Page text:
Story URL: http://news.medill.northwestern.edu/chicago/news.aspx?id=183198
Story Retrieval Date: 8/27/2014 5:59:54 AM CST
At 67 years old, Joe Harrison still recalls the legislative numbers for environmental statutes in casual conversation. But Harrison's co-workers would expect no less from the man who literally wrote the book on water treatment technology.
After leading the Chicago-based Great Lakes region of the Environmental Protection Agency safe drinking water branch for 17 years, Harrison left his post in 1990 to develop the first third-party certification program for home water treatment technology at the Lisle-based not-for-profit Water Quality Association. EPA’s Region V includes Minnesota, Wisconsin, Illinois, Indiana, Michigan and Ohio.
Last year he retired, although he continues to consult with the association, for whom he wrote a water treatment handbook still in use.
“Back in the days before EPA, we had standards for maybe 20 things,” Harrison recalled. Now EPA regulates hundreds of contaminants. Harrison has had a front-row seat to the advent of the command-and-control age of environmental regulation in the U.S.
In 1968 he entered the U.S. Public Health Service as a commissioned officer, fulfilling his military duty. “Everybody wanted to fulfill their military obligation that way instead of going to Vietnam,” he said.
Harrison had to battle nonetheless. In 1972 Congress passed the Clean Water Act, a watershed environmental provision that charged the EPA with protecting public water supplies in the U.S. — but putting it into practice was no easy task.
“It’s a selling job to get people to understand that you need to meet this new level,” Harrison said. “They see this water every day, they drink it, they raise their kids on it, and they don’t see how it could be dangerous.”
Waukesha’s radium-rich spa waters were once a selling point for the southern Wisconsin town — they even talked about piping it down to Chicago for the 1893 World’s Fair. The body incorporates ingested radium into bones as it does calcium, where the element continues to emit radiation that can cause bone and blood cancers.
“They all of a sudden switched from thinking this was a good thing,” Harrison said, “to having to spend hundreds of millions to switch to another source of water.” Not surprisingly, some officials in Waukesha resisted the EPA’s order. The town only started to use new wells in recent years.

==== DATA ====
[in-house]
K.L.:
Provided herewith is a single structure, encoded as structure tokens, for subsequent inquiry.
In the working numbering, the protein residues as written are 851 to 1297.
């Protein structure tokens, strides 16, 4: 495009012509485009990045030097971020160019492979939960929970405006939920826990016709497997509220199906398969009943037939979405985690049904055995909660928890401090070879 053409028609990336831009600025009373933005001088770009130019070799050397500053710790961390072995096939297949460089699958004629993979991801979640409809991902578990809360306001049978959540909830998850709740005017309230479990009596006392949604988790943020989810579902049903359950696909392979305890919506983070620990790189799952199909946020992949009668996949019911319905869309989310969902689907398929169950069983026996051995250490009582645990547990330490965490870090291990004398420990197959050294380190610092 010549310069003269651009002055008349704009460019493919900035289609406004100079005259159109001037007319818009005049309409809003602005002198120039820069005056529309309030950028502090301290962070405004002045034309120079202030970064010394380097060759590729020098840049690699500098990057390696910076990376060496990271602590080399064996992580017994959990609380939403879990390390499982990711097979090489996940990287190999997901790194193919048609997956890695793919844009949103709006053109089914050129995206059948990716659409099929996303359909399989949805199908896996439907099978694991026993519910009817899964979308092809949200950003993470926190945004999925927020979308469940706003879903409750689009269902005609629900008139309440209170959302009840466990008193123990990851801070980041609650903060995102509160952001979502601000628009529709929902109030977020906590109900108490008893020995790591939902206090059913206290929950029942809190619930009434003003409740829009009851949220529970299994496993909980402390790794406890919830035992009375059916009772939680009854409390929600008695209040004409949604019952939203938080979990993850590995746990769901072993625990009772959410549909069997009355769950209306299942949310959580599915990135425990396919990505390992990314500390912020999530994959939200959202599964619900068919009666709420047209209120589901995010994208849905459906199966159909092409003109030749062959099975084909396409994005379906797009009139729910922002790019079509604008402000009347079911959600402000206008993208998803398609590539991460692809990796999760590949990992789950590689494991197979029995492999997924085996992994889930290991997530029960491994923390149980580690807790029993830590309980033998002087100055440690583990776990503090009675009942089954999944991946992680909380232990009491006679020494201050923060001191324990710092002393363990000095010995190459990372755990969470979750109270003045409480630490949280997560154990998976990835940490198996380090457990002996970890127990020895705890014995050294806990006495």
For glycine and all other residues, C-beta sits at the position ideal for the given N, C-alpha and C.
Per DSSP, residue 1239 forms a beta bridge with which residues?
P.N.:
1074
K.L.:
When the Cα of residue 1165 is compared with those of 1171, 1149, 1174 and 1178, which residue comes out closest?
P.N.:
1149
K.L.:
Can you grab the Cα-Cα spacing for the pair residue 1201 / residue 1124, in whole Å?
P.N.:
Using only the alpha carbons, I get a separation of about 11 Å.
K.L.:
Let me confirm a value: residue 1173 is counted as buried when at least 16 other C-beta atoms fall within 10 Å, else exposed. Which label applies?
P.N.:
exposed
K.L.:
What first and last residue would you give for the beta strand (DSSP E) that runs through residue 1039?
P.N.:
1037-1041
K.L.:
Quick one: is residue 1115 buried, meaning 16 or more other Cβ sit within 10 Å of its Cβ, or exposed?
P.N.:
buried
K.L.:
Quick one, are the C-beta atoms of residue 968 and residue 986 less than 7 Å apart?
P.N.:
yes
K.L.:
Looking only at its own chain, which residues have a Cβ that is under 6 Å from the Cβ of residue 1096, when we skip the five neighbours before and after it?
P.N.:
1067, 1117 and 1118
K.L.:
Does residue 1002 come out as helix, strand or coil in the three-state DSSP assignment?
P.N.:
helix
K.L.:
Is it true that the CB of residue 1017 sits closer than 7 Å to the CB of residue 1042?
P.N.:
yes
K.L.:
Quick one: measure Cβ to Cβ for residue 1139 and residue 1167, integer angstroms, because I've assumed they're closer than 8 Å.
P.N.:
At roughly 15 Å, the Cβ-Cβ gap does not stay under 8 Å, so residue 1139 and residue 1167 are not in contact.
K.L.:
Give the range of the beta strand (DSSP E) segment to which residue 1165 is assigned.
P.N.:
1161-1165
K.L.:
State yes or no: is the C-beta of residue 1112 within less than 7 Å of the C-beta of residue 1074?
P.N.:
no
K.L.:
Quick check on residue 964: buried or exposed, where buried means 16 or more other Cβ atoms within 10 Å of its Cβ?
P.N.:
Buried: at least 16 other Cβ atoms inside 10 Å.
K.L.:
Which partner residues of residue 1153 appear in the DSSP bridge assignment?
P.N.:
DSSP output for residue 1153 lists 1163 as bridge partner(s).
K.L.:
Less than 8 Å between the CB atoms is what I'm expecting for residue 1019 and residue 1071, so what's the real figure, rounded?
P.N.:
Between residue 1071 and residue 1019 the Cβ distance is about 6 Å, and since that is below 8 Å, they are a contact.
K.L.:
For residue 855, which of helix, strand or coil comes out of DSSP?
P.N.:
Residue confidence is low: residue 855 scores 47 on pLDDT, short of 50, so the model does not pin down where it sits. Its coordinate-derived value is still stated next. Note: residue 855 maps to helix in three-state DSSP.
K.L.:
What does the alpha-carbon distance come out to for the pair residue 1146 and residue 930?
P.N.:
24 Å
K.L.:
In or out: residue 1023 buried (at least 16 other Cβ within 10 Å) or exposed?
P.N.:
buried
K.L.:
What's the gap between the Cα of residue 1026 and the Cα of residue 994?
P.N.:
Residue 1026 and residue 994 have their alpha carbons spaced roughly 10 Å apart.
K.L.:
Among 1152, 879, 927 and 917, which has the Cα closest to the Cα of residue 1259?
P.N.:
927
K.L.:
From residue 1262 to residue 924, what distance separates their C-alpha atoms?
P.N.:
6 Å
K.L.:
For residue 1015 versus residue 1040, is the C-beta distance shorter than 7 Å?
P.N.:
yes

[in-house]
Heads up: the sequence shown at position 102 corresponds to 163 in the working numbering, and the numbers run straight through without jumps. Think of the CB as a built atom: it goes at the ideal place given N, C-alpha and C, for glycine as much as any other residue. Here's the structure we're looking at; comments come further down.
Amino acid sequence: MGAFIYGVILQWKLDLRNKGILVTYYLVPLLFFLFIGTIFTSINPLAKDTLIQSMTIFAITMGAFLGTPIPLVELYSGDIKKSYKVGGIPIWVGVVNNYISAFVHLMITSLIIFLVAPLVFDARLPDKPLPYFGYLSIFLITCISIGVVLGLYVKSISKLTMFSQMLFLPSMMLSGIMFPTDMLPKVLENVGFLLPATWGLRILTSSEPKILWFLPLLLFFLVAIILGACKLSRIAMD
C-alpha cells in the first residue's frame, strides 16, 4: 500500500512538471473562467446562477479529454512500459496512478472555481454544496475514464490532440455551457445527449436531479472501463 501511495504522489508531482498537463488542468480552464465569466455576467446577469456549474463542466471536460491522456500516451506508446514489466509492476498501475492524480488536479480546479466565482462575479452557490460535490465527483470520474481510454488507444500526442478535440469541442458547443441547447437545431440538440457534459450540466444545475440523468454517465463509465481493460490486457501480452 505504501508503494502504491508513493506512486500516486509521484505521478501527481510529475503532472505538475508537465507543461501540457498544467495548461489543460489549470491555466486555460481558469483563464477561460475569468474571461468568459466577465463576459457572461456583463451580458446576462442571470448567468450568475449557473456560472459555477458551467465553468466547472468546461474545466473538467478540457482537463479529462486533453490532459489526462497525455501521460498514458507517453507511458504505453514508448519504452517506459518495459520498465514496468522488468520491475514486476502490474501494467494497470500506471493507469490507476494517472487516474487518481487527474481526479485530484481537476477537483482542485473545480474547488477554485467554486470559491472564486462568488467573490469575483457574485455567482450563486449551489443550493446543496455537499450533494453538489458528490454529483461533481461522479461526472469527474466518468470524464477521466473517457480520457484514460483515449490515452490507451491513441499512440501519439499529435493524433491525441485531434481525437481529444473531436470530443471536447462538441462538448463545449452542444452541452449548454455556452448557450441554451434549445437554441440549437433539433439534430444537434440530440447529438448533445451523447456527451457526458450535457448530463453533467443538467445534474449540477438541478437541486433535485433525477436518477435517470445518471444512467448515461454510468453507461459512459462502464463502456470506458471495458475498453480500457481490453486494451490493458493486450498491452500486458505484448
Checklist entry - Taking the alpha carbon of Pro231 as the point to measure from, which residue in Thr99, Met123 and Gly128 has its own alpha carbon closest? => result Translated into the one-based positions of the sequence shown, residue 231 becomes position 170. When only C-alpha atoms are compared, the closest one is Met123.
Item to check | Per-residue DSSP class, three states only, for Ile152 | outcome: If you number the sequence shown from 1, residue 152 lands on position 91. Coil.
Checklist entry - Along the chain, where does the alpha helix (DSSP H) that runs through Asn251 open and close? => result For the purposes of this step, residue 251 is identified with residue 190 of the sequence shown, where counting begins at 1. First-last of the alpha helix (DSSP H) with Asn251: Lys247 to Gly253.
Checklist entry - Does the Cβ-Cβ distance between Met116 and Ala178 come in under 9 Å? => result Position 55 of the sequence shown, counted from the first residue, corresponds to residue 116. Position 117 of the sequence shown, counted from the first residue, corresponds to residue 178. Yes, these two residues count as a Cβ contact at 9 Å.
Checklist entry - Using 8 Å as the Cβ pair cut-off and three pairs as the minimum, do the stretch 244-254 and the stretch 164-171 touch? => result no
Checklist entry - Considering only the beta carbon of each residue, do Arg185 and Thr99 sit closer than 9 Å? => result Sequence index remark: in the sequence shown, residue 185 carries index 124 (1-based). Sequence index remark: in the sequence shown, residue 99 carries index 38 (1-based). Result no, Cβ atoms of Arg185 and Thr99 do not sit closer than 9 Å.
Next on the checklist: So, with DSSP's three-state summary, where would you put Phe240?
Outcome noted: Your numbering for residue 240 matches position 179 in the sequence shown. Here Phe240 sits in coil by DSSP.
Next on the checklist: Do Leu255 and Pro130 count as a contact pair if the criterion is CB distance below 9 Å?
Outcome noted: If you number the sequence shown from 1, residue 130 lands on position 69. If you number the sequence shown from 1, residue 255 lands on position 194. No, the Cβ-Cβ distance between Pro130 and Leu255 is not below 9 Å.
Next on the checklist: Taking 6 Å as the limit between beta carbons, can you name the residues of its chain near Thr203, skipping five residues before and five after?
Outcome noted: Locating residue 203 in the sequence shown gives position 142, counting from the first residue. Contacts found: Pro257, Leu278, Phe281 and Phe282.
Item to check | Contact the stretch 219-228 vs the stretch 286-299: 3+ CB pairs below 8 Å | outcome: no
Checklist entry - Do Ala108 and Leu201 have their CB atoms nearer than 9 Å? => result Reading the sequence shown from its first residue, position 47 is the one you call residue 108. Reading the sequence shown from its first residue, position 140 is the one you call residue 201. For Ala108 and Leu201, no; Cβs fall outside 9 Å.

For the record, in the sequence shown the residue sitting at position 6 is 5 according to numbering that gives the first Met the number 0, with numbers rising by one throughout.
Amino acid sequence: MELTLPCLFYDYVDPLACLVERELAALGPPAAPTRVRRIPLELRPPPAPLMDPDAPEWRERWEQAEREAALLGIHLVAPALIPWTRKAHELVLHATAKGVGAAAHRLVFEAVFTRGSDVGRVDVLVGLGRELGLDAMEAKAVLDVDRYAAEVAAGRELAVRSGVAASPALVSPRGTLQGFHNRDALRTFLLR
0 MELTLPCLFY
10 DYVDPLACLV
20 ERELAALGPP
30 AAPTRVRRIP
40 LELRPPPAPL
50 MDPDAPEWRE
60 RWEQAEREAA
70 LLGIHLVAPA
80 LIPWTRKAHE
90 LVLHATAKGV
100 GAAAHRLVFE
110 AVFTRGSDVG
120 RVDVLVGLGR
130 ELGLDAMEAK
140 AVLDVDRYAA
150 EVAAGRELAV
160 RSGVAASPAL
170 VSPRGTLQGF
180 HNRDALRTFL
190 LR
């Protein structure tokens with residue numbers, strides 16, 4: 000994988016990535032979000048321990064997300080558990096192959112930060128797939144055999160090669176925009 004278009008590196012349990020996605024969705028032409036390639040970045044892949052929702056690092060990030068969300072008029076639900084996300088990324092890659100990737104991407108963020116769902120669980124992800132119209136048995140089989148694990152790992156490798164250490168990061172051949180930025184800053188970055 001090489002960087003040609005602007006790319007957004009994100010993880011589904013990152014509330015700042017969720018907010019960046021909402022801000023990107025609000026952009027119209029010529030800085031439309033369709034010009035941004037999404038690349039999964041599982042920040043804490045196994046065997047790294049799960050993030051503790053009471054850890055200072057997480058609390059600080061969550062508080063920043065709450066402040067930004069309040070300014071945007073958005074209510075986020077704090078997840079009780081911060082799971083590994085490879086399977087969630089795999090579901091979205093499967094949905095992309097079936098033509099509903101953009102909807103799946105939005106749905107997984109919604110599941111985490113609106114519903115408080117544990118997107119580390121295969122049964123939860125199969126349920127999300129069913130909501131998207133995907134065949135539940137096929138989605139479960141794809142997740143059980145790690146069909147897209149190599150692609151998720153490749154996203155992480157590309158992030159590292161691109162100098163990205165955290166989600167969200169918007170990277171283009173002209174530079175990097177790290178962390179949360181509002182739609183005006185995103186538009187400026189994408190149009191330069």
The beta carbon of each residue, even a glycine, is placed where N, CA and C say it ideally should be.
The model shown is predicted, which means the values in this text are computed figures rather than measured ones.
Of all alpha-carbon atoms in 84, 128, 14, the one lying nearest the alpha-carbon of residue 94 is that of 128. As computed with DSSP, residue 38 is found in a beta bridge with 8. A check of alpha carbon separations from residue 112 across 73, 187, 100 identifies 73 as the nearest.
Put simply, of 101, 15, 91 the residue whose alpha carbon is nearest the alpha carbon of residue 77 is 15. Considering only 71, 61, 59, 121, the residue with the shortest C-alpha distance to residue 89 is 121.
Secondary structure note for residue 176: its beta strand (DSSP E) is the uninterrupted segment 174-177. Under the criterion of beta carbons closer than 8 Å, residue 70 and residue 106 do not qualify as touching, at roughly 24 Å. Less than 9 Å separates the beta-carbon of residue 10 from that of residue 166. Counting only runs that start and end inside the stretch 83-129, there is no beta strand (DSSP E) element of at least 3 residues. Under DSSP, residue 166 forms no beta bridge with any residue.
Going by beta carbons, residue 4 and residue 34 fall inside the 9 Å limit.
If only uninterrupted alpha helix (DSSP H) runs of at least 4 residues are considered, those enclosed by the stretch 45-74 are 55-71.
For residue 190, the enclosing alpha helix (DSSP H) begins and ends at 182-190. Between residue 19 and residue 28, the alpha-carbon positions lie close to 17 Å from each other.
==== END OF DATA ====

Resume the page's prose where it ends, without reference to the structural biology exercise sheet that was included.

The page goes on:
Harrison’s regional office comprised two members when he joined the EPA in the early 1970s. When he retired in 1990, its payroll totaled about 70 employees.
“We were kind of in the right place at the right time,” said Harrison, who became chief of EPA region V’s safe drinking water division just one year after the Clean Water Act took effect.
And while the agency’s staff multiplied, the litany of potentially hazardous substances grew exponentially.
At the Chemical Abstracts Service in Columbus, Ohio, about 4,000 new compounds are registered each day. Most of them will never be produced, but Harrison said the prolific nature of synthetic substances underscores the difficulty of keeping drinking water safe. Harrison said the trick is to choose surrogate chemicals to stand in for groups, and focus on those that are hardest to remove.
“You can’t get more than a few inches or feet away from a synthetic compound these days,” Harrison said. He remembers when, as a boy, his father worried that raw material for automobile tires would become scarce along with the shrinking rubber tree population.
Harrison is careful to note that synthetic compounds are essential to our modern quality of life — imagine life without plastic or prescription medicine. But they also represent a special challenge for regulators. Pharmacological chemicals, which generally are not regulated right now, can cause damage in concentrations as low as one part per trillion — proportionate to a few feet of travel on a trip to the moon.
“He’s definitely a water guru,” said Sarah Zrout, quality manager at the Water Quality Association. Zrout said Harrison’s was a “well-respected name” in the water industry, one she had heard before working for him at the Water Quality Association. “Everyone thought of him very fondly. I think his knowledge has been passed on and preserved.”
Now retired, Harrison spends more time in his native Wisconsin, where he maintains a house upstate, although he lives in Glenview. But as Zrout points out, he stays “One hundred percent informed on the current issues.”
Not one to slack off, he said his goal is still helping the Water Quality Association “get good [water treatment] products out there that people can trust,” something his three grandkids might thank him for one day when they reach for a glass of water.